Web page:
I love old farm equipment. Well, I guess I have to qualify that a bit as I like new farm equipment just as much. I had instilled in my character the love of good tools from a father who took me to countless hardware stores looking for items to make life easier.
My HH will tell you, I have never balked at anyone in the family getting some sort of tool or equipment to make life easier or more efficient. I am a big believer in the right tool for the right job.
Now, that being said, I also grew up in a family where each of us ended up with our own toolbox due to Dad grousing at someone who had used his tools without permission or put them back dirty or in the wrong place, usually my brother. This tradition has carried on in this family as well although a bit of “friendly” tool robbing occurs from time to time.
And this attitude goes as far as to in the kitchen (proper cooking implements) and wool working equipment: good spinning wheels, carding machine, looms, etc. Dad instilled the value of our time being worth something early on in life. If it was worthy enough to do correctly, it was worthy of time…a valuable commodity in itself.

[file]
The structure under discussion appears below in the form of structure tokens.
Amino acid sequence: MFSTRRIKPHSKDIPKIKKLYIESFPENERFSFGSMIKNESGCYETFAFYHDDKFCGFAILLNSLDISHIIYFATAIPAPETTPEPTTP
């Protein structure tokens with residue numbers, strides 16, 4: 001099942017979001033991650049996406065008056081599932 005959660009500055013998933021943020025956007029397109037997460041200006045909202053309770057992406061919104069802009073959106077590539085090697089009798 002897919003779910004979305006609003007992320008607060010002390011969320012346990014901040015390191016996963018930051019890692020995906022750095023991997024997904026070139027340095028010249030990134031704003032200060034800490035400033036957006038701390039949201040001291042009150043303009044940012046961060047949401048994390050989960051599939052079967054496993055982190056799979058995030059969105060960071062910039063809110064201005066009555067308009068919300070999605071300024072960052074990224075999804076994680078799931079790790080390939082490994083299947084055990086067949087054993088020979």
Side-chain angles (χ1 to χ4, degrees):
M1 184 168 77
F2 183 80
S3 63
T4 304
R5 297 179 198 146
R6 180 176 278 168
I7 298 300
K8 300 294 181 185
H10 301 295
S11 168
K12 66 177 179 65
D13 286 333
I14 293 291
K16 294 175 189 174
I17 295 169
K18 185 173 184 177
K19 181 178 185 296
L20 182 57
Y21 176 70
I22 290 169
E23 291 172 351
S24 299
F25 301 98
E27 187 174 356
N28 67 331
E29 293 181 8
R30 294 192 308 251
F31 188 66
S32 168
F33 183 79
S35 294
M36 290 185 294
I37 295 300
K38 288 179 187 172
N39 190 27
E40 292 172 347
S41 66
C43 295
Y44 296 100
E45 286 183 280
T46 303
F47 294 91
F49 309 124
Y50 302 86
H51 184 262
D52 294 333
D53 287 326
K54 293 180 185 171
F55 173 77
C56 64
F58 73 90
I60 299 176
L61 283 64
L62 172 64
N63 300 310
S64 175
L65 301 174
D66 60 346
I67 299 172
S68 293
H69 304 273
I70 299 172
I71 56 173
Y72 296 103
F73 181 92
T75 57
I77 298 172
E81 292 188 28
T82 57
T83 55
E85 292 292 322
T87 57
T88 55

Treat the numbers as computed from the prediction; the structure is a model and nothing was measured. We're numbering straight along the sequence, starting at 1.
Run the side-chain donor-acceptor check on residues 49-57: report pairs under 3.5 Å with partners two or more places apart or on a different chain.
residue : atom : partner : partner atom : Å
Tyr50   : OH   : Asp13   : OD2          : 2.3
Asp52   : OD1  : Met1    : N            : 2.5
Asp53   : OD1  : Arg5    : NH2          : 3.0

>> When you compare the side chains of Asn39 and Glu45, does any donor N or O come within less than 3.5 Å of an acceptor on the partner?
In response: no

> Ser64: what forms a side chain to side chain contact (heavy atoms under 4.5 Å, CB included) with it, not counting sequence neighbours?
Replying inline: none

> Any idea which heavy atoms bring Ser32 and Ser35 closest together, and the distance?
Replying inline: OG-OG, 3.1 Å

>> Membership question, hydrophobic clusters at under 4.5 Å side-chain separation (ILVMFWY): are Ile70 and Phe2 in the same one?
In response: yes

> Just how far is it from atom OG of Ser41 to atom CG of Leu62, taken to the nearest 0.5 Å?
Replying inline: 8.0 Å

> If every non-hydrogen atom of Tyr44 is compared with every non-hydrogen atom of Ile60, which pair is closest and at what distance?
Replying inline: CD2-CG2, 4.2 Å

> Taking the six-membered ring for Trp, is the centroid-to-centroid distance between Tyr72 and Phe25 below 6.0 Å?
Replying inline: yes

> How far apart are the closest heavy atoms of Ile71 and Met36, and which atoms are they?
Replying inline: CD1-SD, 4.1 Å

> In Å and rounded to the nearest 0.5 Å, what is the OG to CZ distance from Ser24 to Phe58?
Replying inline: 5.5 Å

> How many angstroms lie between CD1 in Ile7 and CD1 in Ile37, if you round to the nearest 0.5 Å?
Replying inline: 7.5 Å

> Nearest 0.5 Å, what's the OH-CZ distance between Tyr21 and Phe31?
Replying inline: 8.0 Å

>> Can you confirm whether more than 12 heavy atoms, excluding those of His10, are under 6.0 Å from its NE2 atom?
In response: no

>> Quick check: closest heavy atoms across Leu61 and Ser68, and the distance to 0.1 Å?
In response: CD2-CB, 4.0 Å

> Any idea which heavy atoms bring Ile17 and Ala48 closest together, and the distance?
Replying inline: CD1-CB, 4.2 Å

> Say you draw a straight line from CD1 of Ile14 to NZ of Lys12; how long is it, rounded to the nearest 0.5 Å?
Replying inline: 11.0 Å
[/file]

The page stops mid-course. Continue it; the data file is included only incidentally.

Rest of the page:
So, the short of it is we enjoyed seeing all the tractors although I didn’t see one Allis Chalmers tractor among the ones on display – those mainly John Deere and International Harvesters. I guess it’s a Midwest thing, but I have fond memories of driving an Allis from time to time.